When I speak, there are times when my wife comes to me, and says I did this or that in a bad way. I try to listen to her, and hopefully repent, and make amends if needs be.
This is the way the Lord has called us to live for Him: To walk by faith, and to live a life of godliness, by His grace and mercy.

FX Turk said...


Again, that's amazingly funny stuff.

Let's start here: the thing I appreciate most about my friends at TeamPyro is they are actually my friends and not some guys I share a blog with. So when I put my foot in something, they are equally as likely to help me make a correction as they are to defend me when someone is doing me an injustice. That may have nothing to do with your last comment to me, but it needed to be said.

Now, there are a couple of things in your comment that are extraordinary statements, but the one that gets me is this one:

How is that any different from Driscoll's salty sense of humor? Listening to the sermon that was linked...yes, he goes over the top...but at least it isn't at someone else's expense. Why is that OK and Driscoll's "cutting loose" isn't?

Driscoll didn't go "over the top" "at someone else's expense"? Dude: did you just deny the incarnation, or are you saying that scatological jokes about Christ are not actually "at someone else's expense"?

Here's the test: let me post three scatological jokes about Pastor Driscoll's wife here on the front page of the blog and let's see how they come across. If nobody is offended, I'll change my mind about your point of view.

As for why a joke in a blog is different than a joke from the pulpit, I'm wondering if you have ever read the description of an elder and pastor the NT provides for us. When one is expositing the doctrines of the faith, that's not a time to cut loose with a joke about male anatomy or excretory biology -- if there ever is a good time to do such a thing.

The thing, really, which leaves me with coffee in my nose this morning, though, is that somehow it's OK to say the things Driscoll said publicly and nationally (via his church's podcast) from the pulpit, but to criticize him for doing such a thing makes someone (Phil, me, Dan, Officer Pec) a bad guy.

Honestly: I may be the only one at TeamPyro who really likes Mark Driscoll -- but when he does stuff like this, it make me look stupid for liking him at all. He needs help, and the more people who can join together to offer him the help he needs -- which is not a pat on the head but something stern and serious -- the better for him and the spiritual health of his church.

Last thing this morning before work: my friend Mark Shea posted a critical comment about this controversy yesterday from the perspective that being a prude about language is fundy legalism. Let me, first of all, repudiate that remark from this perspective (you will recognize it): scatological remarks about Christ are, at the least, disrespectful of Christ as incarnation if not to Christ as Lord and Savior.

The question is not, "Does Mark Driscoll laugh at potty jokes?" The question, in fact, is "Is a potty joke about Jesus' body an exceptable way to reference Christ from the pulpit?" This goes way beyond any example of common "guy talk".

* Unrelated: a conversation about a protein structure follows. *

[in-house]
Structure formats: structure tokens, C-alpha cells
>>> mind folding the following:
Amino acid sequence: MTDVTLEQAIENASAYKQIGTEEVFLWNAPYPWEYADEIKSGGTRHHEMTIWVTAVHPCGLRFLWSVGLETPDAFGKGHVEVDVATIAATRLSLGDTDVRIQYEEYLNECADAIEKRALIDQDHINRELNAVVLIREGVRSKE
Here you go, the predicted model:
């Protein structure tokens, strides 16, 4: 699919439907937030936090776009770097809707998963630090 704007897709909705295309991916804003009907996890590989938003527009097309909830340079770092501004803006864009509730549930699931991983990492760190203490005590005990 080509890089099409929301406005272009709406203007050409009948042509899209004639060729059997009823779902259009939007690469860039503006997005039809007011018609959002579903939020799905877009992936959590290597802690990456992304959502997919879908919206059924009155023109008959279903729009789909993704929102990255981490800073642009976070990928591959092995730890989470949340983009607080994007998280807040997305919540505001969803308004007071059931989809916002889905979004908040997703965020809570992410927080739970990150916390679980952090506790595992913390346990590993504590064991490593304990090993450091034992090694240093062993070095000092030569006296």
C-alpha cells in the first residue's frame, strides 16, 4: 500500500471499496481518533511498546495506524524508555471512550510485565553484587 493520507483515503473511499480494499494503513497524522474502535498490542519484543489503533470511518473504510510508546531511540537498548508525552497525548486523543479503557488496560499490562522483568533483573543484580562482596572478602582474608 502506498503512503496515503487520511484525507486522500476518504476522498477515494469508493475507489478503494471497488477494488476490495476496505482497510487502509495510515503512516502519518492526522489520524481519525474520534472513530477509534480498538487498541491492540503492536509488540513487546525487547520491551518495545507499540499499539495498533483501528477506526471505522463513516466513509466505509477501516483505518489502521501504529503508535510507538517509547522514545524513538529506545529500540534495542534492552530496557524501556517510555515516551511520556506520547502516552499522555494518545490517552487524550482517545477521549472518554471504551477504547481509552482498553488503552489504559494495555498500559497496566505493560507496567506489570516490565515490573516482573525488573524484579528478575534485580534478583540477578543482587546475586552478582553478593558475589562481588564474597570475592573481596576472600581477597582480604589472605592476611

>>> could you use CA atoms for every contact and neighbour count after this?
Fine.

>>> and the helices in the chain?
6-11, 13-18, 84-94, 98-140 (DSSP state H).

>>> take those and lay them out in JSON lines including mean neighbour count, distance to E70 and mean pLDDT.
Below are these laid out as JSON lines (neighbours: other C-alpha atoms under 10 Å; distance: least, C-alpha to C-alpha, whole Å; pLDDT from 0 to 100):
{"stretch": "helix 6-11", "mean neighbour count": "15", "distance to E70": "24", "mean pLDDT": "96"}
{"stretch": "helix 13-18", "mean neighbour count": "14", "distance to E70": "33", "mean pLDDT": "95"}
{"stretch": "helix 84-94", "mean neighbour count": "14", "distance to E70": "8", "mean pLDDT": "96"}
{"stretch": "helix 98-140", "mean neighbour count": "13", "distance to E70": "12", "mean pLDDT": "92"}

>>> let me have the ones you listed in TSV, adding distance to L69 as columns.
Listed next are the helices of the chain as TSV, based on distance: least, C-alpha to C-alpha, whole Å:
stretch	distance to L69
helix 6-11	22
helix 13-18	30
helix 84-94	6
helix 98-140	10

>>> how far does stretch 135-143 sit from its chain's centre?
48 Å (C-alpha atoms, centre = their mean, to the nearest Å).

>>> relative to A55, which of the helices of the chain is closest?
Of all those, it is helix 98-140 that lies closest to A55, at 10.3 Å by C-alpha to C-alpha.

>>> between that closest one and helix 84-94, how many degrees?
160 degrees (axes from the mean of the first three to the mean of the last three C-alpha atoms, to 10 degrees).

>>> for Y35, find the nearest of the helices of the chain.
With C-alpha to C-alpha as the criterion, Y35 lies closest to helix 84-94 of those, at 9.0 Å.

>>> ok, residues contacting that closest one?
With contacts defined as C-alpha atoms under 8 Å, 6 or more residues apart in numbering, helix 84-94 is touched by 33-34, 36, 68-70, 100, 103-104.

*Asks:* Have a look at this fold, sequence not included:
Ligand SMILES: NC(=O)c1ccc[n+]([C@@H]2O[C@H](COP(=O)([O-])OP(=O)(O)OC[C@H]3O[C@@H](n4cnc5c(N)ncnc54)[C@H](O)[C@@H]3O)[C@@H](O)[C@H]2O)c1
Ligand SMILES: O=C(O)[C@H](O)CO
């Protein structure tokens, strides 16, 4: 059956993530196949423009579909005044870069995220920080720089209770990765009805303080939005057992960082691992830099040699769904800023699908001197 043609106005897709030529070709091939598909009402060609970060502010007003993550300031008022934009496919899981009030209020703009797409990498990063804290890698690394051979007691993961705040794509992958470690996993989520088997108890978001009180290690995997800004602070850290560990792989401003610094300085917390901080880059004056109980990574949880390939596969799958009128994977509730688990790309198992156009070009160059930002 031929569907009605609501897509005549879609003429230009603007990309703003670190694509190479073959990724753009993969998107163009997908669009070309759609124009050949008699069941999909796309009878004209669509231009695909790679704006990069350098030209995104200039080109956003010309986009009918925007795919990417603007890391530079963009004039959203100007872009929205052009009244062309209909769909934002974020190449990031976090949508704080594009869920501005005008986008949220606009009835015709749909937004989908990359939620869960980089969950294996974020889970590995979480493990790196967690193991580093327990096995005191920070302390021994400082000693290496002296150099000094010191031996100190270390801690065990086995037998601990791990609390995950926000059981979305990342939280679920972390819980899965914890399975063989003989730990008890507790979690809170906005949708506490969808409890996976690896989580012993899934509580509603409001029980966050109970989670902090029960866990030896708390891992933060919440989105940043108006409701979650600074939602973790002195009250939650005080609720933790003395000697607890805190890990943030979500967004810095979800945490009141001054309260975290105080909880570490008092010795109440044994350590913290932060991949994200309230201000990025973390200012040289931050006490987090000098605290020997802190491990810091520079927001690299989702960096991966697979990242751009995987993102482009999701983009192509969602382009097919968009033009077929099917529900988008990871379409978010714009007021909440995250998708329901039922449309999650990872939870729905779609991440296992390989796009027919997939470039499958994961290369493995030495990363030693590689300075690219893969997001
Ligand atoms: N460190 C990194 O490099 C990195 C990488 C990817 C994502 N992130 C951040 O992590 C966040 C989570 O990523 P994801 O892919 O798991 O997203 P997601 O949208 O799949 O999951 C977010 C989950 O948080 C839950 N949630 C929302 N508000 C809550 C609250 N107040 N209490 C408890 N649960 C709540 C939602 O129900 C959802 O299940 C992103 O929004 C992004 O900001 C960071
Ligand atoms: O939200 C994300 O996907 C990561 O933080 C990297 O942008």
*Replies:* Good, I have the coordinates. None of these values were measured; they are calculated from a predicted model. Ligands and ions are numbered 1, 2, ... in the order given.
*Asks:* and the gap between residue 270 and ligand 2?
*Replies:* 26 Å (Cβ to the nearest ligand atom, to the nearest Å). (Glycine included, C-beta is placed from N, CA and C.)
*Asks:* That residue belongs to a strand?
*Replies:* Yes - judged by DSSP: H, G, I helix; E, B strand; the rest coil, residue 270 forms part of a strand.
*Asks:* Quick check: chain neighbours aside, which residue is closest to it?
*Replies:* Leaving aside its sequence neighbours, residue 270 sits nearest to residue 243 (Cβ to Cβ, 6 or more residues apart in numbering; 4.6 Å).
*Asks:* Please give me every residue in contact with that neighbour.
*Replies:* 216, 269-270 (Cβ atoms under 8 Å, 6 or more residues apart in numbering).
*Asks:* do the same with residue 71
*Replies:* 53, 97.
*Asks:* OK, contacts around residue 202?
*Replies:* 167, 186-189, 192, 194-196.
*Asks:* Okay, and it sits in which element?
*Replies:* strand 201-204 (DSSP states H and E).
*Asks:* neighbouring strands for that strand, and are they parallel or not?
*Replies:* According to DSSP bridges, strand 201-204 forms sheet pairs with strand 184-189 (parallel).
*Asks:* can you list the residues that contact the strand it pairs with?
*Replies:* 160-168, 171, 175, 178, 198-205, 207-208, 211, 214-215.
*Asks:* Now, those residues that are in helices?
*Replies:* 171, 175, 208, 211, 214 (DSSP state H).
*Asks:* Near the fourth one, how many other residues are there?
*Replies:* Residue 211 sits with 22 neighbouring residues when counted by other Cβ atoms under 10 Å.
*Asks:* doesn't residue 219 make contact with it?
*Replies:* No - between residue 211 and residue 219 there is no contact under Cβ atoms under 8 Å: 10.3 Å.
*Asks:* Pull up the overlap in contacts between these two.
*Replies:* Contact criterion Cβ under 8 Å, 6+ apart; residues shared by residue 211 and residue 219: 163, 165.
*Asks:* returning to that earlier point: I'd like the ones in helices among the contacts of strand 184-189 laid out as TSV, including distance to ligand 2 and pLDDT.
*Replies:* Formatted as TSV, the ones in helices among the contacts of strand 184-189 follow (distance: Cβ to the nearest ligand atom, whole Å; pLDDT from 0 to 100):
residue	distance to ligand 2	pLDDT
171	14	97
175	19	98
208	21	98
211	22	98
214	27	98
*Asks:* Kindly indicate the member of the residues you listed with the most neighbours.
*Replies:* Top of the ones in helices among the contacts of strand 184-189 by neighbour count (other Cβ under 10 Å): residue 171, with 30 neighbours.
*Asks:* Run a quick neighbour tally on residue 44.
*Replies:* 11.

In that, the discussion about whether we are free to use some words in our language which are "bad words" is not at stake here: what is at stake is the degree to which we honor Christ with our God-given ability to communicate.

I admire and trust Mark Shea. I disagree with him on this matter and I think his objection is a category mistake.

Anonymous said...

Wow. Still smoldering, eh?

James Scott Bell said...

Driscoll's theology, from what I can tell, is entirely orthodox. But the driving desire of the Fellowship of the Untucked Shirt is to be popular with the crowd, to grow large with the marketing poistion as the anti-traditional church. And this eventually overwhelms the effective proclamation of the gospel.

"Our constant effort should be to reach as many persons as possible
with the Christian message, and for that reason numbers are
critically important. But our first responsibility is not to make
converts but to uphold the honor of God in a world given over to
the glory of fallen man. No matter how many persons we touch with
the gospel we have failed unless, along with the message of
invitation, we have boldly declared the exceeding sinfulness of man and the transcendent holiness of the Most High God. They who degrade or compromise the truth in order to reach larger numbers, dishonor God and deeply injure the souls of men." -- A. W. Tozer

FX Turk said...

Matt --

Does your reply to Don sound, at all, like PoMo language theory to you? No?

OK -- then let me give you the answers you need in order to perceive this problem. The Bible tells us frankly:

Col 3
5Put to death therefore what is earthly in you: sexual immorality, impurity, passion, evil desire, and covetousness, which is idolatry. 6On account of these the wrath of God is coming. 7In these you too once walked, when you were living in them. 8But now you must put them all away: anger, wrath, malice, slander, and obscene talk from your mouth. 9Do not lie to one another, seeing that you have put off the old self with its practices 10and have put on the new self, which is being renewed in knowledge after the image of its creator.